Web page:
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Title: Modulation of anandamide actions on the neonatal rat cultured sensory neurone
Author: Khairy, Hesham A.
ISNI:       0000 0004 2700 6525
Awarding Body: University of Aberdeen
Current Institution: University of Aberdeen
Date of Award: 2010
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The possible role of L-serine as an allosteric modulator of anandamide (AEA) action on cannabinoid receptors has been investigated along with the studying the actions of AEA metabolite, ethanolamine.  Dorsal root ganglia (DRG) neurons from neonate Sprague Dawley rats were used in primary culture. L-serine was found to modulate anandamide actions on overall neuronal excitability, voltage-activated K+ and Ca2+ currents and intracellular Ca2+ flux.  These modulations were suggested to be mediated via allosteric modulation of AEA actions at CB1 receptors.  These observations strengthen previous data obtained from binding studies of L-serine at CB1 receptors.  Furthermore, these modulations were abolished by CB1 antagonist, SR141716A, while L-serine alone failed to activate CB1 receptors.  We found that L-serine modulations were AEA-dependent and CB1 mediated, while no modulatory effects for L-serine were reported on TRPV1 or GPR55 receptors.  Similar modulations were reported from the CB1 allosteric modulator, Org-27569. Ethanolamine was fond to enhance the intracellular Ca2+ level via influencing thapsigargicin- and caffeine-sensitive calcium stores.  Ethanolamine actions were not abolished in PTX-treated DRG neurones or in the presence of CB1 antagonist, SR141716A indicating that these actions were conducted independently from CB1 receptors and inhibitory G-proteins. Additionally, ethanolamine modulated the voltage- activated potassium currents independently from its effect on intracellular Ca2+ level. In conclusion CB1 receptor modulation by ligands acting at an allosteric site may provide a novel approach to endocannabinoids-mediated therapies.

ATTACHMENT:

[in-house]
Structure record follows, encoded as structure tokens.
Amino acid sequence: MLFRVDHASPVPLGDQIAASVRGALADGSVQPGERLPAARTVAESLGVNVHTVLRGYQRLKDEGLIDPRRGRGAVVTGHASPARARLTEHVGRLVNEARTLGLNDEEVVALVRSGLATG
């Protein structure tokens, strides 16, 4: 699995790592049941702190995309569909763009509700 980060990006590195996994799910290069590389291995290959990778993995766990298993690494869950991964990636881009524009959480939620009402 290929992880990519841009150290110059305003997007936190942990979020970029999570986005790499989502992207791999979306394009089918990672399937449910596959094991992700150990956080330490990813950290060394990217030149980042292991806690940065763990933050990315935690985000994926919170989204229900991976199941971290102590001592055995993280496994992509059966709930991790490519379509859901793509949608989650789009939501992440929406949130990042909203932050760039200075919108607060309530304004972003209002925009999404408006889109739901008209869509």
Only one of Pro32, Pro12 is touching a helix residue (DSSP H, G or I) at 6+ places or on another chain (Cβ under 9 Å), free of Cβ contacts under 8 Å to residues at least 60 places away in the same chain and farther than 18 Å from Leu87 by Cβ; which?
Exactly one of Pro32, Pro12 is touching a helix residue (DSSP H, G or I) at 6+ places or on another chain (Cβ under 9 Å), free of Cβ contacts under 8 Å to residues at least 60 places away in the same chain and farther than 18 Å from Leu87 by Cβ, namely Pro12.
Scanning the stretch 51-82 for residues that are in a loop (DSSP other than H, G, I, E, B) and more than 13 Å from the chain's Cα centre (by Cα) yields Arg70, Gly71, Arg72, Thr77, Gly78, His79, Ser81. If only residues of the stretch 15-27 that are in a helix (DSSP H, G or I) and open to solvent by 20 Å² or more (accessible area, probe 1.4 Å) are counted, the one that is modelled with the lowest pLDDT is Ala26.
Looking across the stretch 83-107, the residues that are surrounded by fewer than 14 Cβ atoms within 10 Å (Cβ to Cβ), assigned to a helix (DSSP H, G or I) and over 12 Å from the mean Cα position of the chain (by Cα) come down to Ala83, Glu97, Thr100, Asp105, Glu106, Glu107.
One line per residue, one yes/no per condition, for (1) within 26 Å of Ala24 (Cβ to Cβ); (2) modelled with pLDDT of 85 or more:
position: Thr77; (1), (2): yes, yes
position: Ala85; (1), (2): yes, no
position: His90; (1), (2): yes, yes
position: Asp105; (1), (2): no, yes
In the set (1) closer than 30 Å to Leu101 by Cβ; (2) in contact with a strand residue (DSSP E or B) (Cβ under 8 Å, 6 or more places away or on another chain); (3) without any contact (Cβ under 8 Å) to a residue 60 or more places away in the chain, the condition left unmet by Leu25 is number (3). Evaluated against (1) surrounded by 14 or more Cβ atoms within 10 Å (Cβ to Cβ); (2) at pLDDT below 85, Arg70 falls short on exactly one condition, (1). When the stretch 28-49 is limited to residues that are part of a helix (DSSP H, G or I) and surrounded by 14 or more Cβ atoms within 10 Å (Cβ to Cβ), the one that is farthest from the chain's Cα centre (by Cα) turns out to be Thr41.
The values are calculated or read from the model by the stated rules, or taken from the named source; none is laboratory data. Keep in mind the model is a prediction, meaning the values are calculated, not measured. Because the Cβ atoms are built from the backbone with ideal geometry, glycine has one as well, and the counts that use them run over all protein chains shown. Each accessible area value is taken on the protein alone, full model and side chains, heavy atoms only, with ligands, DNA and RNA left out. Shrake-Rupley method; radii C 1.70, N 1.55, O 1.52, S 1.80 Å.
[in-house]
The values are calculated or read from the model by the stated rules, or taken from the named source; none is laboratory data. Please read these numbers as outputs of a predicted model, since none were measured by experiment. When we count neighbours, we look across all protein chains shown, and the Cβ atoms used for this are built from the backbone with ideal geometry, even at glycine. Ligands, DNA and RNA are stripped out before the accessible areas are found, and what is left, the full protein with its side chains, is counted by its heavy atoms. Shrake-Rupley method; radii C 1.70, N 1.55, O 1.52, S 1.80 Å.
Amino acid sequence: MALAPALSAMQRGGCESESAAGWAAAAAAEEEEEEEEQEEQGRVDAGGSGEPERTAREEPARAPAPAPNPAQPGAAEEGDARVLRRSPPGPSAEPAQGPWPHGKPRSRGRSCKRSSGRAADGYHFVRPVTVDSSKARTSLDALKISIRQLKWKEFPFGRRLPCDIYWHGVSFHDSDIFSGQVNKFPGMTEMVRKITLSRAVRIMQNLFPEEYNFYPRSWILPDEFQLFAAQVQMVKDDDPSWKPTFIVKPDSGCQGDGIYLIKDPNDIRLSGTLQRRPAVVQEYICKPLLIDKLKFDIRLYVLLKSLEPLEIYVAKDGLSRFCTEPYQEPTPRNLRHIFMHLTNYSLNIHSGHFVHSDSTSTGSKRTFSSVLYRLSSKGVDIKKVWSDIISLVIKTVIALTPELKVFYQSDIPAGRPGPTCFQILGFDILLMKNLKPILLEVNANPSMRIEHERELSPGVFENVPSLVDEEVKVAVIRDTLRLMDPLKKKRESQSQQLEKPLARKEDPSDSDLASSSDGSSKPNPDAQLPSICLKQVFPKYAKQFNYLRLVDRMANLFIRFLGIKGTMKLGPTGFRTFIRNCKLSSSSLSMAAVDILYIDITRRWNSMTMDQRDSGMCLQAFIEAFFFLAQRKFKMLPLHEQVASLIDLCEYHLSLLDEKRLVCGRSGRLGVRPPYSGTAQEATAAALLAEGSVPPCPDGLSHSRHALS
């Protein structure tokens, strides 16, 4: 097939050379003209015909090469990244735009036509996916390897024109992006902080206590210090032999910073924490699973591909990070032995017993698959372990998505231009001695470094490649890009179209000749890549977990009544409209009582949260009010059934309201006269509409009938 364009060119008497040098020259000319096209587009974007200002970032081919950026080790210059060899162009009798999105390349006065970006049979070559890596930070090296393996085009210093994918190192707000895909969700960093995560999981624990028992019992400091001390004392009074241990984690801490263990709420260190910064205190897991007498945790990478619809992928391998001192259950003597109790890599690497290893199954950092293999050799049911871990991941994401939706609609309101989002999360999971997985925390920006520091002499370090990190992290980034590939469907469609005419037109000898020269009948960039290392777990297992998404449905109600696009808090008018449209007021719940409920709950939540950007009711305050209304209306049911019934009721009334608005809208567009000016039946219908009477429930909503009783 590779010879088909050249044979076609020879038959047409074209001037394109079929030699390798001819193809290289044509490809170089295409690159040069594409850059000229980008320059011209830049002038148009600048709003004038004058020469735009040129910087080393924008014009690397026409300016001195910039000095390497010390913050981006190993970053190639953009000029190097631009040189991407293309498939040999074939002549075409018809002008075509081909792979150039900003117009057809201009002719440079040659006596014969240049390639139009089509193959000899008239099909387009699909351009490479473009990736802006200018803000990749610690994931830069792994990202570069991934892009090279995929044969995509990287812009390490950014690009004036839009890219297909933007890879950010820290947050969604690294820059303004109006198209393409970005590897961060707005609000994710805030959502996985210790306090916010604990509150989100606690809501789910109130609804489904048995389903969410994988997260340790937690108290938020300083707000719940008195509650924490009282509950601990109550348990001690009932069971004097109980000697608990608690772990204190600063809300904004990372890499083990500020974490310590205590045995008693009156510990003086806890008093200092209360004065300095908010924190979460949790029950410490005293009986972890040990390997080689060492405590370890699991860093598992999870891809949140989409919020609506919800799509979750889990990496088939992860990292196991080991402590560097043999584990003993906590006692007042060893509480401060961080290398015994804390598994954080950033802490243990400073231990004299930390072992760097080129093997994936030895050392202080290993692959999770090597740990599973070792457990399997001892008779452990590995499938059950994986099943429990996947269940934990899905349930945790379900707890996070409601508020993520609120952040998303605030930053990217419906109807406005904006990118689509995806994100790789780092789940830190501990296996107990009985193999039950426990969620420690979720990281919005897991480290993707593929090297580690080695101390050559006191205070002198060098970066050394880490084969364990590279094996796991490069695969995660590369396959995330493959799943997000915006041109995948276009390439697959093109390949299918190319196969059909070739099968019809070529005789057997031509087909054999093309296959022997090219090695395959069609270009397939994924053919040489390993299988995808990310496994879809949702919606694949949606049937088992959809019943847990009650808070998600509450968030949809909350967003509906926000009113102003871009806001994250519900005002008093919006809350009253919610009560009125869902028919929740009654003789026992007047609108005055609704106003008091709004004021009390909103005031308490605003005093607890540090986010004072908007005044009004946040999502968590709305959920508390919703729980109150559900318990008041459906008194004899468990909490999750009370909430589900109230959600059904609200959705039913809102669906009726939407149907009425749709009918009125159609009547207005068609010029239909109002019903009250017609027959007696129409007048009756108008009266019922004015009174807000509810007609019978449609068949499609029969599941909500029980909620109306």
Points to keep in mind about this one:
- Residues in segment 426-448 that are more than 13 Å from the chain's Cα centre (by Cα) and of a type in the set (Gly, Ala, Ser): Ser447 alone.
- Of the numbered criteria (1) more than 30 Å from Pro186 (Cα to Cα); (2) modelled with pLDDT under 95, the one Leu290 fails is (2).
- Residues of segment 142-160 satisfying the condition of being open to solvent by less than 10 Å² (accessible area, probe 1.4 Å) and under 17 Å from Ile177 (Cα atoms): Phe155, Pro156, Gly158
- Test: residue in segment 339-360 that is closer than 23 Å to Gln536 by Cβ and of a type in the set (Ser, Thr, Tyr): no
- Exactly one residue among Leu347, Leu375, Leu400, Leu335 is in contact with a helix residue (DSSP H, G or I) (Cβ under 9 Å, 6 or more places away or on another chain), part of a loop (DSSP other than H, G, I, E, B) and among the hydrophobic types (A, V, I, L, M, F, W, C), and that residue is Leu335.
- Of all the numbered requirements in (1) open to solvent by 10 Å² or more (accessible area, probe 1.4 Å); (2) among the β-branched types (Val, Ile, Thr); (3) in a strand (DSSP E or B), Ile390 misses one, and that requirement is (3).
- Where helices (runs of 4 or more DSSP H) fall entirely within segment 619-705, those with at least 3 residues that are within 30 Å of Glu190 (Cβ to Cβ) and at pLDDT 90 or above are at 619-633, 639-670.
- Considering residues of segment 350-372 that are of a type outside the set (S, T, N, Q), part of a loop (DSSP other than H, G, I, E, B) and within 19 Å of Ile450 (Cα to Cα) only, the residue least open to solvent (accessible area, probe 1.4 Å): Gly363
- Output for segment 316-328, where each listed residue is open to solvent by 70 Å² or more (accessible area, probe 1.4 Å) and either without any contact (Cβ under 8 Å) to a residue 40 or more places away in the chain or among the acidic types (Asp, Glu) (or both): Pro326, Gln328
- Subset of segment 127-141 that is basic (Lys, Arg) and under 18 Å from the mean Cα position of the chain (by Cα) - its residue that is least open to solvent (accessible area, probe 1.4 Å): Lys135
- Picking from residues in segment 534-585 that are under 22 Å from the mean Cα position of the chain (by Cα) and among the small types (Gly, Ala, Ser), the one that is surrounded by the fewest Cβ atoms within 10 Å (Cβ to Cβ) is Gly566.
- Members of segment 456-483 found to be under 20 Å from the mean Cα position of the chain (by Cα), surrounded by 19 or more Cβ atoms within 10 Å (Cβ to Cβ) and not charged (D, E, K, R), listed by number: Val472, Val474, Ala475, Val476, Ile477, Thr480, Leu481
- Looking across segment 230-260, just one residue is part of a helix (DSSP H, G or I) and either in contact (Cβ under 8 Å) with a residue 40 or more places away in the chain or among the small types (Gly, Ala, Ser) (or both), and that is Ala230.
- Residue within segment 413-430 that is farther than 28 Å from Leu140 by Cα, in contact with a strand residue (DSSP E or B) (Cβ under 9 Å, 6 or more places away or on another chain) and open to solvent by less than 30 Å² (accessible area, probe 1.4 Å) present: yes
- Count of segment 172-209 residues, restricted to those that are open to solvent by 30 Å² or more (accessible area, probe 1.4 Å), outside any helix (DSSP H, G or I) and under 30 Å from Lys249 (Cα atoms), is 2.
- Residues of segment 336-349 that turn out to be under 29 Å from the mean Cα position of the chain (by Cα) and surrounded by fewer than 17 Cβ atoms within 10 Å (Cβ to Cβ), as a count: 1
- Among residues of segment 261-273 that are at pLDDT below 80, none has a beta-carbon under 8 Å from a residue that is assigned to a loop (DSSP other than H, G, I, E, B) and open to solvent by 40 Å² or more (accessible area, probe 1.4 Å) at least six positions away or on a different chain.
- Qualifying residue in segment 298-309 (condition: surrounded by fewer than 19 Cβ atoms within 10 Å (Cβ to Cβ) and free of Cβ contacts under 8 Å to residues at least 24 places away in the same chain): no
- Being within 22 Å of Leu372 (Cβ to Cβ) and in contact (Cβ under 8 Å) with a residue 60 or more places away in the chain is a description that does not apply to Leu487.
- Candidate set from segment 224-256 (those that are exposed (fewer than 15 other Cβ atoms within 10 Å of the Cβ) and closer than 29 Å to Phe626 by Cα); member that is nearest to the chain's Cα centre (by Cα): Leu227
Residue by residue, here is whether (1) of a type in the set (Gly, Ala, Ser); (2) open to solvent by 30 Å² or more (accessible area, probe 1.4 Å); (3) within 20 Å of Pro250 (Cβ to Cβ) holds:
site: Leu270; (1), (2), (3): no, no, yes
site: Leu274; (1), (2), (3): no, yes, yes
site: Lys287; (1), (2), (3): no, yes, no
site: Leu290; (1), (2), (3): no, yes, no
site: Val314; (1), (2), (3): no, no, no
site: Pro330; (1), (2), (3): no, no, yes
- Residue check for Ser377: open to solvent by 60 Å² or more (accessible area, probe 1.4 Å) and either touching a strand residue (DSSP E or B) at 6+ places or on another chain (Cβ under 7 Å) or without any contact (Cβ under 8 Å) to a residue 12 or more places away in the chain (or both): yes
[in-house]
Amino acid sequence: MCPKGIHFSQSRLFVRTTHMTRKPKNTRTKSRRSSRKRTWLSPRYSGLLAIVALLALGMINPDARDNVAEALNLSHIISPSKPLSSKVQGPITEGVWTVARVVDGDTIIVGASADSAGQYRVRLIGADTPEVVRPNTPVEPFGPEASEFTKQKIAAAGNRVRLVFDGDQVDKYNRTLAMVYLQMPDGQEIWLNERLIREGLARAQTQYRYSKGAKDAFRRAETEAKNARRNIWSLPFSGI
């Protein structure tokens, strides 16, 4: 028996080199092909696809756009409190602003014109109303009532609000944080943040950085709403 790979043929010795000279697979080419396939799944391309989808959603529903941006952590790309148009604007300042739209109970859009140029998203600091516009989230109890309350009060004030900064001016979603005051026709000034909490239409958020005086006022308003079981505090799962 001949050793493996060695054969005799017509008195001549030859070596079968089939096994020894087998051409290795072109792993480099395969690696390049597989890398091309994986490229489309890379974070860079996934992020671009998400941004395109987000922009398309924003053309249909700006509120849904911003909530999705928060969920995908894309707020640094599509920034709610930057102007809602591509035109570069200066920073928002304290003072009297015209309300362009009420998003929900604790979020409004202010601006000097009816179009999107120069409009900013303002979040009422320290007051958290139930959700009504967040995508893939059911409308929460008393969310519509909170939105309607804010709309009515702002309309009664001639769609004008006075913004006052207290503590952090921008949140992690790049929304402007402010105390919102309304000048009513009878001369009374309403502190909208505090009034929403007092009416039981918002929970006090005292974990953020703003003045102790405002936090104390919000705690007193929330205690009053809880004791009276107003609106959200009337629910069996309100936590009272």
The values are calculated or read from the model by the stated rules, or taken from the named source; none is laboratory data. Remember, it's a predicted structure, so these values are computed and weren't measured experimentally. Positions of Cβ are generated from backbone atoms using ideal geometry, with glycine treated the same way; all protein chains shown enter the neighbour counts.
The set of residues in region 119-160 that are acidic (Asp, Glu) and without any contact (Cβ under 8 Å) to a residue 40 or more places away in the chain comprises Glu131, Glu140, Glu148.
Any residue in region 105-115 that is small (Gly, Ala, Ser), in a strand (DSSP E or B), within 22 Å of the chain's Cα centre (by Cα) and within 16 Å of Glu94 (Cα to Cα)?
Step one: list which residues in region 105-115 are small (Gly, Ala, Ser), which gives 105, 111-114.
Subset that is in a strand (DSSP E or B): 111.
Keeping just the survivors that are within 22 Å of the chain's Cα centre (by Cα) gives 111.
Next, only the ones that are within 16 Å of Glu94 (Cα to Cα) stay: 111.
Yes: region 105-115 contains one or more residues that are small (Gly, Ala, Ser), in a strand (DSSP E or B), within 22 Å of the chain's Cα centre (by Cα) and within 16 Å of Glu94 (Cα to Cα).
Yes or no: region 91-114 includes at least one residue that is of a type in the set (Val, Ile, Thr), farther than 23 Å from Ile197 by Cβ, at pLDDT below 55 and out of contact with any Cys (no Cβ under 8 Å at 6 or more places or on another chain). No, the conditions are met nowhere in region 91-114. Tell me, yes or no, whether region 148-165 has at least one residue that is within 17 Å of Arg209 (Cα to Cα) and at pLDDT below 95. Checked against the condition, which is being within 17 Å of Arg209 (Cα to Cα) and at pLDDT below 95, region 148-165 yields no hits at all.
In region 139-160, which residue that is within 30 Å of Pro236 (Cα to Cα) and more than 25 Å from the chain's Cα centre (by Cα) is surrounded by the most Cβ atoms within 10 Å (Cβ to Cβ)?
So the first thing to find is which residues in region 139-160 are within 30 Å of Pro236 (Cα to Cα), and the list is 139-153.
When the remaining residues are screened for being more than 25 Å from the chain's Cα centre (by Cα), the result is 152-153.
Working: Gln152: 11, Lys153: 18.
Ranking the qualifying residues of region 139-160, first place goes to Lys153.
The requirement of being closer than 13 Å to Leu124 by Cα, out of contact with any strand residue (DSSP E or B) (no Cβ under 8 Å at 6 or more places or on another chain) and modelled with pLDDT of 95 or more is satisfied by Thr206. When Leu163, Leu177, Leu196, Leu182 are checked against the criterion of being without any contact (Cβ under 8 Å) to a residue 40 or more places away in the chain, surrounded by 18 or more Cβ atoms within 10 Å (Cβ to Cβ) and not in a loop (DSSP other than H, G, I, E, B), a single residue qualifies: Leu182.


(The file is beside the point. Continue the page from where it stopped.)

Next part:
Supervisor: Not available Sponsor: Not available
Qualification Name: Thesis (Ph.D.) Qualification Level: Doctoral
EThOS ID:  DOI: Not available
Keywords: Cannabinoids ; Neurotransmitters